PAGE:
The participation of psychology and psychologists in the delivery of coercive goals in welfare reform clearly raises ethical questions. here is no evidence that work programme psycho-interventions increase the likelihood of gaining paid work that lasts any length of time. In perpetuating notions of psychological failure, they shift attention away from the social patterning of unemployment and from wider trends: market failure, precarity, the rise of in-work poverty, the cost of living crisis and the scale of income inequalities. They contribute centrally to the reification of paid work and the concomitant devaluing and discounting of all other activities, contributions, values and commitments. Above all, psychology is implicated in what amounts to a ‘substitution of outcomes’, where the modification of psychological attributes stands in for delivering actual improvements in household income or increasing the availability of real paid work.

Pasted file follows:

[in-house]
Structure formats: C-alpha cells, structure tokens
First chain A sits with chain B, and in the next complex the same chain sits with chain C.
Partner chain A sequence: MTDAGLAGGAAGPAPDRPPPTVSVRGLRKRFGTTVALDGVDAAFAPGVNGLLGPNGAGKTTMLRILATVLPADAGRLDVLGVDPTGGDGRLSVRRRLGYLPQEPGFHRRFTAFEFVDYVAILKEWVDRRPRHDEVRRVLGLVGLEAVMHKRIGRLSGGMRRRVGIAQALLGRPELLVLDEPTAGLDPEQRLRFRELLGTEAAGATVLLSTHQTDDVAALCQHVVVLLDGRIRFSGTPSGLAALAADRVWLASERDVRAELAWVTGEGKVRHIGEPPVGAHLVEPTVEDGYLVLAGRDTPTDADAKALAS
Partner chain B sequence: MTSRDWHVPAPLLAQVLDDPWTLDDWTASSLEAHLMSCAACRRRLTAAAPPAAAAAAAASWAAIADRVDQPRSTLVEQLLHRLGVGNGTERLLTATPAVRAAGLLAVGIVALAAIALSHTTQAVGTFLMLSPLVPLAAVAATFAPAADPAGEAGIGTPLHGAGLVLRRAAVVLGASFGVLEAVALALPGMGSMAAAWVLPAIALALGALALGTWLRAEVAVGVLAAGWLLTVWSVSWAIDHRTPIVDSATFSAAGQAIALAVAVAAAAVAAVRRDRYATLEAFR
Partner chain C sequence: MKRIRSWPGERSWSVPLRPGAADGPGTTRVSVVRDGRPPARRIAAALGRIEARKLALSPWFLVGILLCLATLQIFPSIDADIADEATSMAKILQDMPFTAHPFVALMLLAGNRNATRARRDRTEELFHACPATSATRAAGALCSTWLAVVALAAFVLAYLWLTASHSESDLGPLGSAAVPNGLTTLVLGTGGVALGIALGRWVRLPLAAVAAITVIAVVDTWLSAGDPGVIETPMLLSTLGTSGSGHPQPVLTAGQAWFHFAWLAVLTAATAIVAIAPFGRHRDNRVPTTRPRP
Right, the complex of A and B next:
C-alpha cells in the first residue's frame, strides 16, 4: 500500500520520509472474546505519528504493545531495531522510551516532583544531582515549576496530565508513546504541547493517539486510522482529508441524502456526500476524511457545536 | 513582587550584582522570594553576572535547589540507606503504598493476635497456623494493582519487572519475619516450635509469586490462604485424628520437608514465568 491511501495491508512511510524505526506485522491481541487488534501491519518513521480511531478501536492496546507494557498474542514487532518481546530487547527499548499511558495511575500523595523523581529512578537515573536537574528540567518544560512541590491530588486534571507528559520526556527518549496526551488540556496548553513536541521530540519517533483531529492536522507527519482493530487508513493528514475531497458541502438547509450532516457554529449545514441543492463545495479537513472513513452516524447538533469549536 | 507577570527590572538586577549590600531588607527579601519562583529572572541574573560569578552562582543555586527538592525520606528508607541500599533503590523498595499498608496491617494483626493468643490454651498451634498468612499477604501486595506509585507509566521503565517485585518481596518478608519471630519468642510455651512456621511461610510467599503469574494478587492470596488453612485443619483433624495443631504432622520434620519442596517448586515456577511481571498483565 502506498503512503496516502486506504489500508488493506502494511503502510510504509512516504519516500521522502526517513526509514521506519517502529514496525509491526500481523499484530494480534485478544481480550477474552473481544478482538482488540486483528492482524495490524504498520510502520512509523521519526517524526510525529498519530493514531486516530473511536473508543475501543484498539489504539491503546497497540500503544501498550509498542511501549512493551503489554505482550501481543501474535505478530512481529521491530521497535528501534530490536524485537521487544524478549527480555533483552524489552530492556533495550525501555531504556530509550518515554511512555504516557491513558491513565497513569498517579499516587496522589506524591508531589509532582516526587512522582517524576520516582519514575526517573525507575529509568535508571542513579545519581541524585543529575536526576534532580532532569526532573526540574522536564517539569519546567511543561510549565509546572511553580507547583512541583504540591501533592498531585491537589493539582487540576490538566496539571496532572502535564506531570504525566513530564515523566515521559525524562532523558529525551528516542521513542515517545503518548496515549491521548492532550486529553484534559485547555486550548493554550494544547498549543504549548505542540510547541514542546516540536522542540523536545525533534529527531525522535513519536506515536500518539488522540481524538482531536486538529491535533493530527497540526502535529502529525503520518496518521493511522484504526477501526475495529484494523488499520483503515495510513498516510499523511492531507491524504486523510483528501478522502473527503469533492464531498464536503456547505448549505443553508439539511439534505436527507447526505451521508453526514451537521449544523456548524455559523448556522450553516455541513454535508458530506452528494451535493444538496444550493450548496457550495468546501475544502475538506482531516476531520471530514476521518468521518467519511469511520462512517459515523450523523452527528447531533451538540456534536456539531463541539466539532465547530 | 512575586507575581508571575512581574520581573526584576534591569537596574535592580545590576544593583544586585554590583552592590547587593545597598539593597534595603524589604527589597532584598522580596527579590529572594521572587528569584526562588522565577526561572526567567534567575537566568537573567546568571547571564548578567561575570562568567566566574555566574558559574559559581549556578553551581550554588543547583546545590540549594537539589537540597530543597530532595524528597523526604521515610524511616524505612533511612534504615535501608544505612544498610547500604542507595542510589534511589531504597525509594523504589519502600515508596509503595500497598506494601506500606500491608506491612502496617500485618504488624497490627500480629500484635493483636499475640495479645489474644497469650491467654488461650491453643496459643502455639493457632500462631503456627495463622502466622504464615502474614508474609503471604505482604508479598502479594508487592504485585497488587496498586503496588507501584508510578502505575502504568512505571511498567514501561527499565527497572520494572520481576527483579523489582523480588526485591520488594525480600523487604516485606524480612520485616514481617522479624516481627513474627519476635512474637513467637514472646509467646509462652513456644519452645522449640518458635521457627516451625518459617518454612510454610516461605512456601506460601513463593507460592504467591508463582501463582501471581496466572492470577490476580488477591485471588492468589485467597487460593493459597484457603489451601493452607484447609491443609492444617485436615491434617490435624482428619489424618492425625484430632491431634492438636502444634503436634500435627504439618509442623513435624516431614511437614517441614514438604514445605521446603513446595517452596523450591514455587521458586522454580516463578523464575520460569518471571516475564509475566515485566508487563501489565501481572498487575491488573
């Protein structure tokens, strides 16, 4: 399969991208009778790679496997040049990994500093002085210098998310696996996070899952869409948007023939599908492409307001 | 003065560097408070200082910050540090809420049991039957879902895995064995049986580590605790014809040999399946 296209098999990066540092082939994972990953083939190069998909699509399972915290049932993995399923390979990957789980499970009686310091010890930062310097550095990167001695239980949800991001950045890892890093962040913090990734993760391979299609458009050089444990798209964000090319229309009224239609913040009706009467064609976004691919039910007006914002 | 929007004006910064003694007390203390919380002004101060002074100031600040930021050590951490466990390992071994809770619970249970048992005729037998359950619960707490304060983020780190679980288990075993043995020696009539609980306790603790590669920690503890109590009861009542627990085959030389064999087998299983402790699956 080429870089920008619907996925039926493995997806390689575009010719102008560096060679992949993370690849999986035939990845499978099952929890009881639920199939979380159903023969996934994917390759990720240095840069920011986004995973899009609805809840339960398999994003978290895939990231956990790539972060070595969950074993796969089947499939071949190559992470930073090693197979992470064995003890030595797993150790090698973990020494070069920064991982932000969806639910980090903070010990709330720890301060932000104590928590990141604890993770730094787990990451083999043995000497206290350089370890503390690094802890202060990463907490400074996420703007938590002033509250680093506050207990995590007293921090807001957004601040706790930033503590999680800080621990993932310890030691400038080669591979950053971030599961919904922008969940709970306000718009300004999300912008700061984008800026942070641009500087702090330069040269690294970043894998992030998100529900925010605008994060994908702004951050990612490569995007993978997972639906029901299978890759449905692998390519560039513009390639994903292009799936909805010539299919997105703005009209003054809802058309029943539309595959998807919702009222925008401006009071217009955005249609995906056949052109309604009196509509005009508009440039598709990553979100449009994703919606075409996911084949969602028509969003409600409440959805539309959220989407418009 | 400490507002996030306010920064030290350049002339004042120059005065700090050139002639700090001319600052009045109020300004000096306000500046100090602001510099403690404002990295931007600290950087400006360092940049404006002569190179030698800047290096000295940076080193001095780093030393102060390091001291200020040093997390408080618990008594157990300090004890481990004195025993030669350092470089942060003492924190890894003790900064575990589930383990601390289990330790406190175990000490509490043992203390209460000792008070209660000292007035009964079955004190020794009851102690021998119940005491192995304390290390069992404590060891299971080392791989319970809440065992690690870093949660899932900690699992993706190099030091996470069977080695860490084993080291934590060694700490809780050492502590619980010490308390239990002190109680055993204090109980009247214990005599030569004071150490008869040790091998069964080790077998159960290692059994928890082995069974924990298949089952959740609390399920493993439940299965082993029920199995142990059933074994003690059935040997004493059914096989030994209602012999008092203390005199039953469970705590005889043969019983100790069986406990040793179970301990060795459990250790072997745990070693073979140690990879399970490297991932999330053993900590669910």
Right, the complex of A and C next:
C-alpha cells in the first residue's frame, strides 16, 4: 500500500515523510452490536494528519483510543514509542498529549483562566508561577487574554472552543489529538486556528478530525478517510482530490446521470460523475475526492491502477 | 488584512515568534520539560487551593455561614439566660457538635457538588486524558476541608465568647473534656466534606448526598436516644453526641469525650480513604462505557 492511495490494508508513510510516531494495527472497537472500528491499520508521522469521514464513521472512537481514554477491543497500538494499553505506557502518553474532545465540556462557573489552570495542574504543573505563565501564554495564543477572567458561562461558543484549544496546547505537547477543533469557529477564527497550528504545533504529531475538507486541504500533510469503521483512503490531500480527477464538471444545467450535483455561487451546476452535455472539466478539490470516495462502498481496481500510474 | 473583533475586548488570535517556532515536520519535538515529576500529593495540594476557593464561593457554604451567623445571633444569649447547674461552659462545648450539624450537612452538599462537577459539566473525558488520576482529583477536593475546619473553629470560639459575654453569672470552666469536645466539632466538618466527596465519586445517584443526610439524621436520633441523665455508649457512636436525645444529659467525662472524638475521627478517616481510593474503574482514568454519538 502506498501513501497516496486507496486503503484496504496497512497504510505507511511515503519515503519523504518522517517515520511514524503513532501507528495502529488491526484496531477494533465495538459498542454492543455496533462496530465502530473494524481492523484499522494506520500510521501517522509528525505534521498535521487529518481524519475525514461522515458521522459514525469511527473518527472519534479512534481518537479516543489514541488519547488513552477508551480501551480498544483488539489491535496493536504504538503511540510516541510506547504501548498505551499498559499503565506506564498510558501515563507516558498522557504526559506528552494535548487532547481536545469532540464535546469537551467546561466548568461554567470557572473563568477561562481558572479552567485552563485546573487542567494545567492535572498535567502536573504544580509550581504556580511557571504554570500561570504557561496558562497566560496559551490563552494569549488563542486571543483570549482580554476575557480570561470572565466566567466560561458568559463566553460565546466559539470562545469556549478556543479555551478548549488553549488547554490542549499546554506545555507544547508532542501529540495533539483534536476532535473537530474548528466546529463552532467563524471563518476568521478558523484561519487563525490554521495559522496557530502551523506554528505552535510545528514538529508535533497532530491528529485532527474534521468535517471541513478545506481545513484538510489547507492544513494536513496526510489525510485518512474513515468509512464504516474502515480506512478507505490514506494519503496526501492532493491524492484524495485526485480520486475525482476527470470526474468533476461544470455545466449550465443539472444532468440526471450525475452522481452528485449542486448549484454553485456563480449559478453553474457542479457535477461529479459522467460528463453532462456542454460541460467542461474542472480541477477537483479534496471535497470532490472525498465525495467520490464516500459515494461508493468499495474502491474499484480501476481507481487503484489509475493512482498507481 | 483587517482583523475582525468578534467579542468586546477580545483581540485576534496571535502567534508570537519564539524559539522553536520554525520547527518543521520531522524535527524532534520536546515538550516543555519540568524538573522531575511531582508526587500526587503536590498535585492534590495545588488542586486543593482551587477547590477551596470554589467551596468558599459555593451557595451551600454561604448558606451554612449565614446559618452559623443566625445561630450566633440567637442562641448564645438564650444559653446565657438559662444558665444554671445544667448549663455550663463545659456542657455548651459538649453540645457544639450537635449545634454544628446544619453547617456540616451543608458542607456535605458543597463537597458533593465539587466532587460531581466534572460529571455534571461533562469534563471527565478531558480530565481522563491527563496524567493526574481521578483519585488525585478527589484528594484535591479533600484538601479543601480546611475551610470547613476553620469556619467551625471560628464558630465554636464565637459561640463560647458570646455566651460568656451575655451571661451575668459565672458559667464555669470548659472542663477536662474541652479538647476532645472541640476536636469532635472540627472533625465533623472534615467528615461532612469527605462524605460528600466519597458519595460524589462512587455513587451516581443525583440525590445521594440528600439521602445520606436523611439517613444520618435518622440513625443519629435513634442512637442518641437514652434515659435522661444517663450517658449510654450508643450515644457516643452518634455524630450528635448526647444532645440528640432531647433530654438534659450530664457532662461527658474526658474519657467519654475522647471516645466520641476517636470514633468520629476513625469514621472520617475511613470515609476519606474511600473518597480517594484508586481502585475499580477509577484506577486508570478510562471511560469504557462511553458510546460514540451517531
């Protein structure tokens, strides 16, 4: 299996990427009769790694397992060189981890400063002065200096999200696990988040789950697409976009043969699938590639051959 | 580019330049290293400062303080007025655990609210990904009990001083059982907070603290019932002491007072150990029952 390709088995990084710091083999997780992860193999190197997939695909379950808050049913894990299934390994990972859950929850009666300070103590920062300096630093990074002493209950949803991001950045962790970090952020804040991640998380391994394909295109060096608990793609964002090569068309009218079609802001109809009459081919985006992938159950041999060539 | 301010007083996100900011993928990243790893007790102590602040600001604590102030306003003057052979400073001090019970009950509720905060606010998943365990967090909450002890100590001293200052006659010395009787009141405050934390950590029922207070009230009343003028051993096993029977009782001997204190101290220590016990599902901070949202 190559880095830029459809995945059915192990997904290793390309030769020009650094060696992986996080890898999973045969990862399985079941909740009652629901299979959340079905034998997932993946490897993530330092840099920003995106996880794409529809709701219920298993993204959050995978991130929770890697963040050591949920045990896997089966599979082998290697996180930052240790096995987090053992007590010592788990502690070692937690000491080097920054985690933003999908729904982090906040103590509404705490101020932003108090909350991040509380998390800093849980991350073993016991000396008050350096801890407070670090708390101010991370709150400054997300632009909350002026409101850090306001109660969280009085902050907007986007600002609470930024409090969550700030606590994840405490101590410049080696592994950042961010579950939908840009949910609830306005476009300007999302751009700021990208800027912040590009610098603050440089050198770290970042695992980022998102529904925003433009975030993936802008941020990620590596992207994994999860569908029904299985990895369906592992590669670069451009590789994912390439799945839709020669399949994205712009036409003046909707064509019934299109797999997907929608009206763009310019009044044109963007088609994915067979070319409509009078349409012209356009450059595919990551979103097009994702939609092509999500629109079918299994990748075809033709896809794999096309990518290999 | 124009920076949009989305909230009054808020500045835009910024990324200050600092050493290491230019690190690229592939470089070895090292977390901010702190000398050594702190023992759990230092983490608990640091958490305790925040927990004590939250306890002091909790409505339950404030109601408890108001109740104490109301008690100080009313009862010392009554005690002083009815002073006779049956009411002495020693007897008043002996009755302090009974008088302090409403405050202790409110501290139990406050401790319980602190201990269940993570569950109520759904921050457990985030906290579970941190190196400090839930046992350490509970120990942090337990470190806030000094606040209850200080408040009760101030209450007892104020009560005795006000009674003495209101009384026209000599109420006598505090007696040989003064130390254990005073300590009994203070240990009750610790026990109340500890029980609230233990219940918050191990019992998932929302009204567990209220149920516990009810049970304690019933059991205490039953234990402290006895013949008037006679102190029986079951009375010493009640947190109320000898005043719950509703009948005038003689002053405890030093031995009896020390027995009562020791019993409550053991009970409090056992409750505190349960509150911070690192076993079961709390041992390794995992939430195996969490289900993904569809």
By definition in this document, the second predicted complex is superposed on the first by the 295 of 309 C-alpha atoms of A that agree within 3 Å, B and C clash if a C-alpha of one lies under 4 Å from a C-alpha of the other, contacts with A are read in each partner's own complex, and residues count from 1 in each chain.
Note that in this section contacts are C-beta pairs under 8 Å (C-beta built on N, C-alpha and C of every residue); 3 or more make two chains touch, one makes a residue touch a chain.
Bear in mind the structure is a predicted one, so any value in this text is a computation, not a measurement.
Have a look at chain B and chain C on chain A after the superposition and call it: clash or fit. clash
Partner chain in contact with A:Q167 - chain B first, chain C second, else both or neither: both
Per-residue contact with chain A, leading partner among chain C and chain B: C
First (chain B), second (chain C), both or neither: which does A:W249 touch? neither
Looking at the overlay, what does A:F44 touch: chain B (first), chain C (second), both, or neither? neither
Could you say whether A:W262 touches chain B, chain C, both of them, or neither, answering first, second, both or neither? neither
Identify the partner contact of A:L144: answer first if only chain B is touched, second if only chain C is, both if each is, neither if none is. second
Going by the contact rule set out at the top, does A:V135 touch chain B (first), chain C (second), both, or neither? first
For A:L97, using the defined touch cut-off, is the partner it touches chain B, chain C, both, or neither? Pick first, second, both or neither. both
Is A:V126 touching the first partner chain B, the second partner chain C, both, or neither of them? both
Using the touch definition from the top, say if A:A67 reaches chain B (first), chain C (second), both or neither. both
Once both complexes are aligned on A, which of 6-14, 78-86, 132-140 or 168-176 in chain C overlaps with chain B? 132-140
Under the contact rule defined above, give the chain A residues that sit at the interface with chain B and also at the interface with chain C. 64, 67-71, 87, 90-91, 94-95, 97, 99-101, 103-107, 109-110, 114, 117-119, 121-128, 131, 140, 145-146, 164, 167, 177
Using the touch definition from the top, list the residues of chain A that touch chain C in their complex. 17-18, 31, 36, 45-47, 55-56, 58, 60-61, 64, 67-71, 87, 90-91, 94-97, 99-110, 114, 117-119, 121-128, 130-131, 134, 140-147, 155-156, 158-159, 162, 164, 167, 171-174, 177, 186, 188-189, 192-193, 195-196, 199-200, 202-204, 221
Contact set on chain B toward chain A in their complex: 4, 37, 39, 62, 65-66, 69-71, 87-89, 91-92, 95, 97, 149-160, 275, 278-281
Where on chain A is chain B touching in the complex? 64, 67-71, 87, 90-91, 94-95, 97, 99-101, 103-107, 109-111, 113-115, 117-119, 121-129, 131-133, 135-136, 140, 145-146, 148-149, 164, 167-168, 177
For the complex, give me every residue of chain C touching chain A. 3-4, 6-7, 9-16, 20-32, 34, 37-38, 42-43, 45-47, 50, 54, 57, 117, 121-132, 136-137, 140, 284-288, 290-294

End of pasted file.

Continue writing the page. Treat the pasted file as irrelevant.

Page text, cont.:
Psychological fundamentalism—also evident in the burgeoning well-being industry—together with the rise of psychological conditionality, has a very direct impact on the lives of people claiming welfare benefits. This impact has barely been documented and highlights the need for deeper research scrutiny and more pressing questions about relationships between psychology and the medical humanities.